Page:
Goldman Sachs Group Inc. senior investment strategist Abby Joseph Cohen sees pain ahead for bond investors.
While the valuation of the S&P 500 index is “OK, not great,” Treasuries have room to fall as the U.S. economy continues to expand through next year, she said in a Bloomberg Television interview Tuesday.
Ten-year Treasury yields will climb to 3.6 percent by the end of 2019, from about 2.96 percent now, according to Cohen, who rose to prominence after predicting the equities bull market of the 1990s. Yields on the global borrowing benchmark were last at the level she’s currently predicting in 2011.
“I’m more concerned about fixed income than equities,” the strategist said. “There’s already been a notable rise in interest rates at the intermediate and long end. I think it will be increasingly difficult for fixed-income investors to do well.”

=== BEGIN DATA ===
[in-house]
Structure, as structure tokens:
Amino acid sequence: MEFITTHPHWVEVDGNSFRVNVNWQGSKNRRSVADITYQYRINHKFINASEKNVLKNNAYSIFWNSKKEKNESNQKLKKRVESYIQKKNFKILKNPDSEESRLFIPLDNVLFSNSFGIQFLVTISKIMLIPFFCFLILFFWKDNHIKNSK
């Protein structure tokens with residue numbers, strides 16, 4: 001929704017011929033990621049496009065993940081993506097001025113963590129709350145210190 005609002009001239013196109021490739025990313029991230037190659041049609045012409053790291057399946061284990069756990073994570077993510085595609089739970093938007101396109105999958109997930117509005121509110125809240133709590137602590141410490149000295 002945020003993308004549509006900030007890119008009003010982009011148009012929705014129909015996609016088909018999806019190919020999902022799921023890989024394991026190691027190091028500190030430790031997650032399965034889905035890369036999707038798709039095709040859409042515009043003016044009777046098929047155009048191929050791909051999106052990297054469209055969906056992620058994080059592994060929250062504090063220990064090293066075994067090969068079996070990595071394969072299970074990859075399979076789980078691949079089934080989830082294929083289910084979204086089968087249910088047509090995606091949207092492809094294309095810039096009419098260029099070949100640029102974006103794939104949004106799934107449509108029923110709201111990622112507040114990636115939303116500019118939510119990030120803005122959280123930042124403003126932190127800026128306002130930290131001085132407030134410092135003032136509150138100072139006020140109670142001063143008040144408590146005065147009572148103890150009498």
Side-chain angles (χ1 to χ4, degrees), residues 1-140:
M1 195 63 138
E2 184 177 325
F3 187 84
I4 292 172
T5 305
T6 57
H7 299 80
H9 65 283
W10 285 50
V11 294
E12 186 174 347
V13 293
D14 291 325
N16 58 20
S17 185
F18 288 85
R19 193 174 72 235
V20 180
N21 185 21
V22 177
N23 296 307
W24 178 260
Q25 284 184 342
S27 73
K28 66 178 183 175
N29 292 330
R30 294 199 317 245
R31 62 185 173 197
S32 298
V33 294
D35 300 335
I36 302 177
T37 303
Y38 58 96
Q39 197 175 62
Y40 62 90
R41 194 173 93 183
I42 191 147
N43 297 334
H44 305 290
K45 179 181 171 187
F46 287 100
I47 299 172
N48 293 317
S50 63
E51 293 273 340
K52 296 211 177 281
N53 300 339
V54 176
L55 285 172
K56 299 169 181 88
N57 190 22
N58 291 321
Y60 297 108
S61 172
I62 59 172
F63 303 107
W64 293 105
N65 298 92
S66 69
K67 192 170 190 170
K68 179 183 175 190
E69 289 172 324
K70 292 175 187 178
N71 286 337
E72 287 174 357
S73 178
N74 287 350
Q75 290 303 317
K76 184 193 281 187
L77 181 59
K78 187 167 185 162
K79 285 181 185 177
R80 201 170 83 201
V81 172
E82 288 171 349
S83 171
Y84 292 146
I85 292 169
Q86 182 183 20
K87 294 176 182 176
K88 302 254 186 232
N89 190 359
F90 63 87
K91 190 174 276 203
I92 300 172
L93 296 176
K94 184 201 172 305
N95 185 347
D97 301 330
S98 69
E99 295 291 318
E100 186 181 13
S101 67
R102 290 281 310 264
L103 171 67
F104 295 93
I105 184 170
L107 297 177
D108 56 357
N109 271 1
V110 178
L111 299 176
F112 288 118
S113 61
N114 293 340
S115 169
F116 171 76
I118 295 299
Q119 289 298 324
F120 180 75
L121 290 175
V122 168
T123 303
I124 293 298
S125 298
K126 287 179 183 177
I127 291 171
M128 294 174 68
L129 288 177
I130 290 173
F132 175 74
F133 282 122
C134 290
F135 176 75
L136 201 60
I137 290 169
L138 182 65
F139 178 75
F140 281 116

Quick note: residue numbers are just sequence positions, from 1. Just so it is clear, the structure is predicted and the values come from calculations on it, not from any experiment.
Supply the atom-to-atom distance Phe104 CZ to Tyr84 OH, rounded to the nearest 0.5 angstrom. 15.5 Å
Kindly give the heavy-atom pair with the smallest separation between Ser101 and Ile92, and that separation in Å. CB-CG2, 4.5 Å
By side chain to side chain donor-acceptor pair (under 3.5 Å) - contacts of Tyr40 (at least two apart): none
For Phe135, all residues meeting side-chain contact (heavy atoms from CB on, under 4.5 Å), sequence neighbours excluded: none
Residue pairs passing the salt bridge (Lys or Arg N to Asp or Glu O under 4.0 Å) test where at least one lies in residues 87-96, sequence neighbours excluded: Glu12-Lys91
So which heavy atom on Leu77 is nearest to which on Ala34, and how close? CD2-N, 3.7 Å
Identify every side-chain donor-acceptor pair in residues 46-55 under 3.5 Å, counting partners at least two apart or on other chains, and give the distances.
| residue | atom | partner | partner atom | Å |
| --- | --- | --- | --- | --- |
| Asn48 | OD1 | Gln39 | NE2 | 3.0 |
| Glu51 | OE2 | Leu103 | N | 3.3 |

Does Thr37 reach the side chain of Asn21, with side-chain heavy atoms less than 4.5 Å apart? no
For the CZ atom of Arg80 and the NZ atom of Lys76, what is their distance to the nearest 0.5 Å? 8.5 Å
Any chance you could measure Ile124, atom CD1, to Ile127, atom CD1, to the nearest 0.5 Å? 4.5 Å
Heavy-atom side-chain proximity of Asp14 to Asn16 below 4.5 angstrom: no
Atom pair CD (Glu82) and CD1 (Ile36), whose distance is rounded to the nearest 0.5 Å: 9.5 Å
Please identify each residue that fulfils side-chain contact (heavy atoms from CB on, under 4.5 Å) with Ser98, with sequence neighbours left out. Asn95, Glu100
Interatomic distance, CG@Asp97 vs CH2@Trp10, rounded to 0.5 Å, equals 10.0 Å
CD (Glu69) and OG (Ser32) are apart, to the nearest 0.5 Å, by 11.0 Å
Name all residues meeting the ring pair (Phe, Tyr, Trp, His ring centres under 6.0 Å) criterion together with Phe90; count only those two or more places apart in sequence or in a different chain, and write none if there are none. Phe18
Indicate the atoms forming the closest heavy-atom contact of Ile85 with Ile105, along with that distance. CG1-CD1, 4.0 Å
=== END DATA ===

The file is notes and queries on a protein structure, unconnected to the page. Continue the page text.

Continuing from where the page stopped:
Treasuries have rebounded since 10-year yields hit an almost seven-year high of about 3.13 percent in May. Meanwhile, the S&P 500 index has risen around 5.7 percent this year, after climbing 19.4 percent in 2017.
However, the risk of a trade war could alter the outlook, Cohen said. With U.S. President Donald Trump threatening to impose tariffs on any country that treats the U.S. “unfairly” on trade, that could reduce demand for U.S. stocks, according to Cohen.
“Over the last year or two or three, the significant demand in U.S. equities has come from the countries where the president is now talking about slapping significant tariffs,” she said. “That can’t make those investors particularly friendly towards the United States.”
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